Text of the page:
So now let’s take a look at how UBTI and UDFI would apply as we examine syndications and real estate crowdfunding. There are essentially two types of deals when it comes to real estate syndication or crowdfunding: (1) equity; and (2) debt. An equity deal is basically when an investor owns shares in a limited liability company (“LLC”) that either acquires a parcel of real estate or invests into another LLC that acquires real property. The investor holds an indirect equitable interest in the property and is taxed as a partner in a partnership. Equity investors receive a Form K-1 at the end of the tax year that will report their share of the partnership’s income or loss.
In a debt deal the investor typically owns an interest in a promissory note that is issued for short-term financing on a real estate project. Investors in debt deals typically do not participate in any upside in the property and are merely acting as just investors. Accordingly, any payments they receive are typically classified as interest income.
Unfortunately, UBTI and UDFI extend to partners in partnerships. If a partnership that owns rental real estate has a partner that is an SDIRA then the rules for UDFI will be extended to the partners . Accordingly, if there is debt financing at the partnership level, then any income or loss will flow through to the partners along with the UDFI issue. The partner is treated as if it had conducted the real estate activity in it’s own capacity and the IRS does not make any distinction between limited and general partners. In addition, it does not matter whether or not actual cash distributions have been made.
So in a real estate syndication equity deal, rental income that is allocated to an SDIRA would partially be subject to tax under the UDFI rules (assuming financing was obtained for the property). In many cases though you may find that the tax consequences will be minimal due to depreciation that is passed through from the real estate held by the partnership.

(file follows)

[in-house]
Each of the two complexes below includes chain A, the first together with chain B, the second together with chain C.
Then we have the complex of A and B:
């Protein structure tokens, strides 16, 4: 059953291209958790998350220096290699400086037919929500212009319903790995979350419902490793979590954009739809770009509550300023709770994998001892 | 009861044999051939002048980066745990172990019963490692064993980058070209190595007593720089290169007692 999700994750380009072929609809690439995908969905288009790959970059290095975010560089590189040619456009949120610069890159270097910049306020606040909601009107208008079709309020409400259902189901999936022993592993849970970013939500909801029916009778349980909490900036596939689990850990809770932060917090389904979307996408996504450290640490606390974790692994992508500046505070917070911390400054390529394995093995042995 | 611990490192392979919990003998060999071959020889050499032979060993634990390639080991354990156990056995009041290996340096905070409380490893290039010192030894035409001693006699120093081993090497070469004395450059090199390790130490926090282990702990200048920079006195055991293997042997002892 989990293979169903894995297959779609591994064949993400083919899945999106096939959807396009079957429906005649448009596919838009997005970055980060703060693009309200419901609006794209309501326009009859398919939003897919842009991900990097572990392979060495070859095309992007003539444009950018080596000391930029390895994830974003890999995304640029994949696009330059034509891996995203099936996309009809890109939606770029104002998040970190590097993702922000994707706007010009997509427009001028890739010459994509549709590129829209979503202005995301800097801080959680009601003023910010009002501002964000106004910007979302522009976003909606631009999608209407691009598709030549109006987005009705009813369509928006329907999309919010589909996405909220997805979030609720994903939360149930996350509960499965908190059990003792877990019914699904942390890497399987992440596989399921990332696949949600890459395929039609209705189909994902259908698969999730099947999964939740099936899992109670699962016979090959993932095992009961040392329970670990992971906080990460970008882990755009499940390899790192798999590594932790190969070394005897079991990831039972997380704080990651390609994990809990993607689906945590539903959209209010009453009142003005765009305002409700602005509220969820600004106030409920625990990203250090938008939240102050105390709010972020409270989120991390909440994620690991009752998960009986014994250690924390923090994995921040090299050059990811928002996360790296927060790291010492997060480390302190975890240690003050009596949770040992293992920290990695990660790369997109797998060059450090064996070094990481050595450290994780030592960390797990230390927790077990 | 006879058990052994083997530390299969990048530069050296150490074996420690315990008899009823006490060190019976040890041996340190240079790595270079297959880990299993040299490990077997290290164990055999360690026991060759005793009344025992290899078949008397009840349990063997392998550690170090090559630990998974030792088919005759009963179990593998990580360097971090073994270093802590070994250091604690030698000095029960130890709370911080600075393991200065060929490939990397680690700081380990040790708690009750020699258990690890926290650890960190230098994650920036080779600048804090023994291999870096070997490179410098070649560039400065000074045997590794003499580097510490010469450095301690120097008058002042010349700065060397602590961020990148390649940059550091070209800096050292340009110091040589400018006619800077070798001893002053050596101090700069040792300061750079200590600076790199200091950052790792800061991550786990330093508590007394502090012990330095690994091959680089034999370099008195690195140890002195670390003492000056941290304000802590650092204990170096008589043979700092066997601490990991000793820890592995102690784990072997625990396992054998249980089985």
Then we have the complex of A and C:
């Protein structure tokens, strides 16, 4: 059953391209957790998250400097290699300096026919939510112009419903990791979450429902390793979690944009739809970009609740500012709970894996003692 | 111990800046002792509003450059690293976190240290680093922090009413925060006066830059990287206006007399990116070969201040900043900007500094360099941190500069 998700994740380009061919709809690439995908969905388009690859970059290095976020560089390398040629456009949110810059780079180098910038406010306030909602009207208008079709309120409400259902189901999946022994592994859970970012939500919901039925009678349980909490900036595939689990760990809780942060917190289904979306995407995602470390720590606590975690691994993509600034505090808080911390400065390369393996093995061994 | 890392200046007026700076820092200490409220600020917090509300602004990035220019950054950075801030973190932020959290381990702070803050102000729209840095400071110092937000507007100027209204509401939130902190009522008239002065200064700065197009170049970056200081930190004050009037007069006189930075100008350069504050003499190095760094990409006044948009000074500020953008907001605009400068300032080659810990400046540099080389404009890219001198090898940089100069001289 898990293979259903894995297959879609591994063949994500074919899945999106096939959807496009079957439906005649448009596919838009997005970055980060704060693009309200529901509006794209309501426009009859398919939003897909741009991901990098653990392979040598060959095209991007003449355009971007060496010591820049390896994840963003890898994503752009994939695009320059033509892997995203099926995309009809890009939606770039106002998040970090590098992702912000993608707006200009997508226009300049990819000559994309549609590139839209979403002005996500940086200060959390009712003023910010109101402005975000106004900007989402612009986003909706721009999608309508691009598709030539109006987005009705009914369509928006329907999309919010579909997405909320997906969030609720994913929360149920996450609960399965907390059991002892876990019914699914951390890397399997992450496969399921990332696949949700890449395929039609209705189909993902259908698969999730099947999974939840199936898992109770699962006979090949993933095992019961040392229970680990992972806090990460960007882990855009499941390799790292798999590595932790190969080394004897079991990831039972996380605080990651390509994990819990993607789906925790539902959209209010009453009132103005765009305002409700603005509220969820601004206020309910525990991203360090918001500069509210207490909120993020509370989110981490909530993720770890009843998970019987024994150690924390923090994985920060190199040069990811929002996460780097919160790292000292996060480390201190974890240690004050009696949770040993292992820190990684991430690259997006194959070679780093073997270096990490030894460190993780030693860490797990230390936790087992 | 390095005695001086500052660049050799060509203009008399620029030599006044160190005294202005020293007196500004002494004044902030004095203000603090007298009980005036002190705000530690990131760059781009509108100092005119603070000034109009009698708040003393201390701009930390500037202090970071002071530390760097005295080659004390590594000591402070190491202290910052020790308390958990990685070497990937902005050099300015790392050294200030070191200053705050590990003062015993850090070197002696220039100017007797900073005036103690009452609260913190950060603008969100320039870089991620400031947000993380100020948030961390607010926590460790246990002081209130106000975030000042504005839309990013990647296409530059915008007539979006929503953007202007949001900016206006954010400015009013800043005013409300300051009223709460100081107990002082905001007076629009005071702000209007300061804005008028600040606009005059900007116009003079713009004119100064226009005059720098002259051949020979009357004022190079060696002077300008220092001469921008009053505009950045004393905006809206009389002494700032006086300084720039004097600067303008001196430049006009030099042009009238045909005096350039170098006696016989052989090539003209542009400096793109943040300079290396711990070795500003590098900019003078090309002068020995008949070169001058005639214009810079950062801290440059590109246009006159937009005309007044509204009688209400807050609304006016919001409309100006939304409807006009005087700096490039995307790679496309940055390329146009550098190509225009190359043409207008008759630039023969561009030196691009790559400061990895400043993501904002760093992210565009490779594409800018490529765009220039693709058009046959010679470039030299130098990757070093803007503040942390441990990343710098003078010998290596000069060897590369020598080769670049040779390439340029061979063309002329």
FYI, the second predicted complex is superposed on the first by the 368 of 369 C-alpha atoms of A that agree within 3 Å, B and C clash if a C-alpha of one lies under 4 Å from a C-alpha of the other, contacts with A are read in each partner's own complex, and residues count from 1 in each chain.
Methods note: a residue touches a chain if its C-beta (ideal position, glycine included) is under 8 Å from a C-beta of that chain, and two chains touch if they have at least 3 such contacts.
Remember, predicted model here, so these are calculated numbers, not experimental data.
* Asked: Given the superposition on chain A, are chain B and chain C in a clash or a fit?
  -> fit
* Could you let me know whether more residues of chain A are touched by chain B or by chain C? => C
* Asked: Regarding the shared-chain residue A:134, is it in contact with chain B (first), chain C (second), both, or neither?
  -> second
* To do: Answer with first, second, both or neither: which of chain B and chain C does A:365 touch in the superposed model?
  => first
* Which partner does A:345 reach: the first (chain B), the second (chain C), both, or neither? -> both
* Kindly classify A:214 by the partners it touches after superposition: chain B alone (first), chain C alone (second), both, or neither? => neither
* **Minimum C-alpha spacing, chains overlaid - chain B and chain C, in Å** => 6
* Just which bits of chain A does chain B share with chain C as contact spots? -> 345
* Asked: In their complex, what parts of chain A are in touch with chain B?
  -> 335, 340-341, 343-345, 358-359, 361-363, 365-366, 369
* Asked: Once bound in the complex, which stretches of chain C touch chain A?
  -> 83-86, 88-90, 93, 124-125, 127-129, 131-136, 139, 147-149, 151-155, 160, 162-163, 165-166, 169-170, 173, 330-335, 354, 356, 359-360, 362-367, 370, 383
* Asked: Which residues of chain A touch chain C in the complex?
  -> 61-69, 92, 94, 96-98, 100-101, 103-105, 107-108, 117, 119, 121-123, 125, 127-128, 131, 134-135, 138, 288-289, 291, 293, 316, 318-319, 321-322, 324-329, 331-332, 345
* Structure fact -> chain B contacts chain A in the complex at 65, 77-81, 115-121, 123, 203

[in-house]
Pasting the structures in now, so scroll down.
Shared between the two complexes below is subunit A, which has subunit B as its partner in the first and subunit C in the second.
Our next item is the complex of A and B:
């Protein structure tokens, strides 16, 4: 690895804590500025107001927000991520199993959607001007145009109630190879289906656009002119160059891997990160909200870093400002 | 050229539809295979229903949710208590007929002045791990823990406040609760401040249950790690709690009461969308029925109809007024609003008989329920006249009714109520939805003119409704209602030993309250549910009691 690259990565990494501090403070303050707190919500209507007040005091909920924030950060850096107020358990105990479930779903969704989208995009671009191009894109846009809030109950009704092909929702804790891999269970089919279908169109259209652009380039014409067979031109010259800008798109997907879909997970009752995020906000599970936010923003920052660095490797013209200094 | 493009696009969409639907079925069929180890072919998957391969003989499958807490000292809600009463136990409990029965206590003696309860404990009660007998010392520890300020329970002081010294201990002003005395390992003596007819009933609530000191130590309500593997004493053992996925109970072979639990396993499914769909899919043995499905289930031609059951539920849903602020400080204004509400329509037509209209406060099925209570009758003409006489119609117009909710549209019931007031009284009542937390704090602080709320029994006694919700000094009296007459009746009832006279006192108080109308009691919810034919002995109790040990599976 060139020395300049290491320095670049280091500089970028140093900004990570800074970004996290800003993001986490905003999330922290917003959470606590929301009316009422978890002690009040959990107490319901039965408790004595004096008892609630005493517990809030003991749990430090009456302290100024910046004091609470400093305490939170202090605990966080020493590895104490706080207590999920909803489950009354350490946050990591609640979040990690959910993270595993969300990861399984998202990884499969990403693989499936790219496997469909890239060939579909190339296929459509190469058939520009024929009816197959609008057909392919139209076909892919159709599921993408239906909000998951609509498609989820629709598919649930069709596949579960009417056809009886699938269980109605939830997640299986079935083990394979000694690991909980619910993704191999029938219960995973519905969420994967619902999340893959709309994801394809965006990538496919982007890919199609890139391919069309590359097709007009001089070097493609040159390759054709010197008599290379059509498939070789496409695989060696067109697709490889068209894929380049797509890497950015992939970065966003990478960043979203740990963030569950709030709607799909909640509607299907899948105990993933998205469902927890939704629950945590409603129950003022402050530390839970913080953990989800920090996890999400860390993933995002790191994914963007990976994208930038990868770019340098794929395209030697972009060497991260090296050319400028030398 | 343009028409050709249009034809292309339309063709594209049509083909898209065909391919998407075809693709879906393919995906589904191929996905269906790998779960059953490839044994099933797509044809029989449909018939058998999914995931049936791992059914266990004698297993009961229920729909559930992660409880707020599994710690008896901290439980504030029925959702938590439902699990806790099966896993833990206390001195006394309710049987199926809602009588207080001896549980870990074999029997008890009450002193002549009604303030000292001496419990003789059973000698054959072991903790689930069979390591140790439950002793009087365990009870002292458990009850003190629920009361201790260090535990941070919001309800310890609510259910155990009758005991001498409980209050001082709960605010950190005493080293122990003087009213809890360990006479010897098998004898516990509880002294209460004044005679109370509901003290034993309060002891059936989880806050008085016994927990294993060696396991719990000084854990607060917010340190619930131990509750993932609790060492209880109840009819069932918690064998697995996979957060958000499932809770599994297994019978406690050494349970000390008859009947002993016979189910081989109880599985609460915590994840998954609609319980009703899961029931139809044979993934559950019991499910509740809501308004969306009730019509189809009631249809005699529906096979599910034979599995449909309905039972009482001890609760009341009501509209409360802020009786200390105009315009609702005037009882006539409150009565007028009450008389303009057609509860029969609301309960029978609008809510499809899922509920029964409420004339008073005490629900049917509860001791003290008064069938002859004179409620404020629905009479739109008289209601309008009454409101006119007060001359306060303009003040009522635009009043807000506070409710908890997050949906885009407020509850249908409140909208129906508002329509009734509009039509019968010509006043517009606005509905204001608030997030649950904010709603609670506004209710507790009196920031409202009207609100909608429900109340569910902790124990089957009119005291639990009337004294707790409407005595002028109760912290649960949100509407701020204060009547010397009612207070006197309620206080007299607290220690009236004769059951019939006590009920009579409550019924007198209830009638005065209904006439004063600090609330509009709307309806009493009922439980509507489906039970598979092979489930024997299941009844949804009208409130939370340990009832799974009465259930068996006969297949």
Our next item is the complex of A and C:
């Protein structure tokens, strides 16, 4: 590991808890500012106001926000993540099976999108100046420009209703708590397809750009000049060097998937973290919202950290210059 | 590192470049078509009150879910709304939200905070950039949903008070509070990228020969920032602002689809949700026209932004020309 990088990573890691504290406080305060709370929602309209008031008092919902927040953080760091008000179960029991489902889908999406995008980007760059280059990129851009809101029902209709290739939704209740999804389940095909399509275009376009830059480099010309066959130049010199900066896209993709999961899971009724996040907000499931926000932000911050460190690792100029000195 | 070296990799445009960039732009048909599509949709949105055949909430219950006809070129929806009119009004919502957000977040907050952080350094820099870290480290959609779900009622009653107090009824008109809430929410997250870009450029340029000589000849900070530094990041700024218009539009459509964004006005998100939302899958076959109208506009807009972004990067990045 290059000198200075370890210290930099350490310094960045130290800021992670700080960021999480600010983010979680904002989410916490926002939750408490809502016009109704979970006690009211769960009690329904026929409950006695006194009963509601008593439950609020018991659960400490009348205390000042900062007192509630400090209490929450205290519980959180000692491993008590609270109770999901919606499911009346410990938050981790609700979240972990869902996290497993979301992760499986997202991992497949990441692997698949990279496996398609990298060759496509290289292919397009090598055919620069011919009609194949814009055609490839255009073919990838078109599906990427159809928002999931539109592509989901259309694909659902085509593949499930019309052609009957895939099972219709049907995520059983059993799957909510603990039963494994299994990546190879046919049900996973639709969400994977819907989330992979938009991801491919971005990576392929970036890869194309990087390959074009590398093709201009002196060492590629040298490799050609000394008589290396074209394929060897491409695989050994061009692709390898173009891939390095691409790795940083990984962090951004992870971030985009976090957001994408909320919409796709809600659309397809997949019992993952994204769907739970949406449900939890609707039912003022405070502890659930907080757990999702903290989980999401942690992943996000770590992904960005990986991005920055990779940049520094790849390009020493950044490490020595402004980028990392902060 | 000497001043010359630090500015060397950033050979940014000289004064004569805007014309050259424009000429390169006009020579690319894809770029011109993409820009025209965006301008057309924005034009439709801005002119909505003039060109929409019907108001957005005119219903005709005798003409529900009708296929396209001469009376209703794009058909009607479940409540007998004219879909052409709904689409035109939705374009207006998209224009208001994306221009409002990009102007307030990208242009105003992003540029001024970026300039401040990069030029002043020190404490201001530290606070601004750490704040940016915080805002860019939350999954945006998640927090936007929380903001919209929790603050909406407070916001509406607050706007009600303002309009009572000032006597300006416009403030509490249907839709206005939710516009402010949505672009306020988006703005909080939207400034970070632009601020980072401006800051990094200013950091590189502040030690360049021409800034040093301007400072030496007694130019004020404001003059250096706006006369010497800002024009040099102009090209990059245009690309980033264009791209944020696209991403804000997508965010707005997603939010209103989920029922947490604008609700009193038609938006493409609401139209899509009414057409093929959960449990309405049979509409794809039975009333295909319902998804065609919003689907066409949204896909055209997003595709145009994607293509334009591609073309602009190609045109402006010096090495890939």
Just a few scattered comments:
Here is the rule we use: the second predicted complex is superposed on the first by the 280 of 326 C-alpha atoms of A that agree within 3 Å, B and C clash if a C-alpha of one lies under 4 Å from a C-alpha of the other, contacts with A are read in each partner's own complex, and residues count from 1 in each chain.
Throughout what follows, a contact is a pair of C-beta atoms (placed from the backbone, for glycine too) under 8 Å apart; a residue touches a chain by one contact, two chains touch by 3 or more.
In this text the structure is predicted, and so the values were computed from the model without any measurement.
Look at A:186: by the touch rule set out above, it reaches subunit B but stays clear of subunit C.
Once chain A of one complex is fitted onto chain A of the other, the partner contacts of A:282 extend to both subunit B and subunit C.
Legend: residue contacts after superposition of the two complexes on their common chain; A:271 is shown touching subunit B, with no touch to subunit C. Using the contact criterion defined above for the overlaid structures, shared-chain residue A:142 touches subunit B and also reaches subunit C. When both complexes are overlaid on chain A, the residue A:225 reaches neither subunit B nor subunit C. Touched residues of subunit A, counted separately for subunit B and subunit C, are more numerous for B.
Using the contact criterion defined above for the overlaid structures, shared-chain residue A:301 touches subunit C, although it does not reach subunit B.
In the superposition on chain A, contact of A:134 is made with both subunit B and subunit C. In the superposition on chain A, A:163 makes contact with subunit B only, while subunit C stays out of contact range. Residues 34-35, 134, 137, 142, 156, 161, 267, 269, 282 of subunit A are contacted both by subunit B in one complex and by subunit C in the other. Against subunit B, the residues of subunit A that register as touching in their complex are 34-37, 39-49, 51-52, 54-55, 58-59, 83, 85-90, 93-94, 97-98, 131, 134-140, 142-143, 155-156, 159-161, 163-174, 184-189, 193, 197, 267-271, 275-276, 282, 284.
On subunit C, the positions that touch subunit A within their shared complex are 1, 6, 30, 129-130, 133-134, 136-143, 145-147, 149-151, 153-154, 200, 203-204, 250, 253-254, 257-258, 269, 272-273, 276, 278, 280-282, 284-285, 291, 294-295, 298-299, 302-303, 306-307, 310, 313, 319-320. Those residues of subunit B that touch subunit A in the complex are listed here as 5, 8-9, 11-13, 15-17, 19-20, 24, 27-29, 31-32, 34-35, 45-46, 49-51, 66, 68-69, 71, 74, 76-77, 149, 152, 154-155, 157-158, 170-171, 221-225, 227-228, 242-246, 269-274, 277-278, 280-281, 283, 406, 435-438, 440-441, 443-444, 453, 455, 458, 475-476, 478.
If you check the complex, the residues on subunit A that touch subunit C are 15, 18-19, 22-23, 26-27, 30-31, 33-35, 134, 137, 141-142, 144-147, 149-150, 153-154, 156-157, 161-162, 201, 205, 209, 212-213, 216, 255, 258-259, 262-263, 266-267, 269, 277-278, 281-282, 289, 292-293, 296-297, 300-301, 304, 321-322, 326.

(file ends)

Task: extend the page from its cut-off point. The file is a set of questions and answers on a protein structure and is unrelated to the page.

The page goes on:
However, the SDIRA will often still be required to file a tax return. Even if no tax is due, it generally a good idea to file a tax return so that any capital gains from the ultimate sale of the real estate (which is also be partially taxable due to the debt financing) are offset by any carryover losses that have generated over the years.
So what are the tax filing requirements if you have UBTI or UDFI? First, a filing is only required if there is gross income of $1,000 or more. Gross income is defined as gross receipts minus the cost of goods sold. Assuming this criteria is met, Form 990-T, Exempt Organization Business Income Tax Return, must be filed and the tax paid accordingly. Tax rates can be high because IRAs are taxed at trust rates. For tax year 2013, any income above $11,950 is taxed at 39.6%. State taxes will also need to be considered.
So just because an SDIRA can invest is almost anything, you must consider any immediate tax consequences. UBTI and UDFI are important considerations when it comes to real estate syndication and crowdfunding. UDFI is all too often overlooked and can certainly be a problem in an equity deal.
It is important to note that each deal is structured differently, so make sure that you do your own due diligence. As always, before you consummate any transaction make sure that you review the tax consequences and filing requirements with your CPA.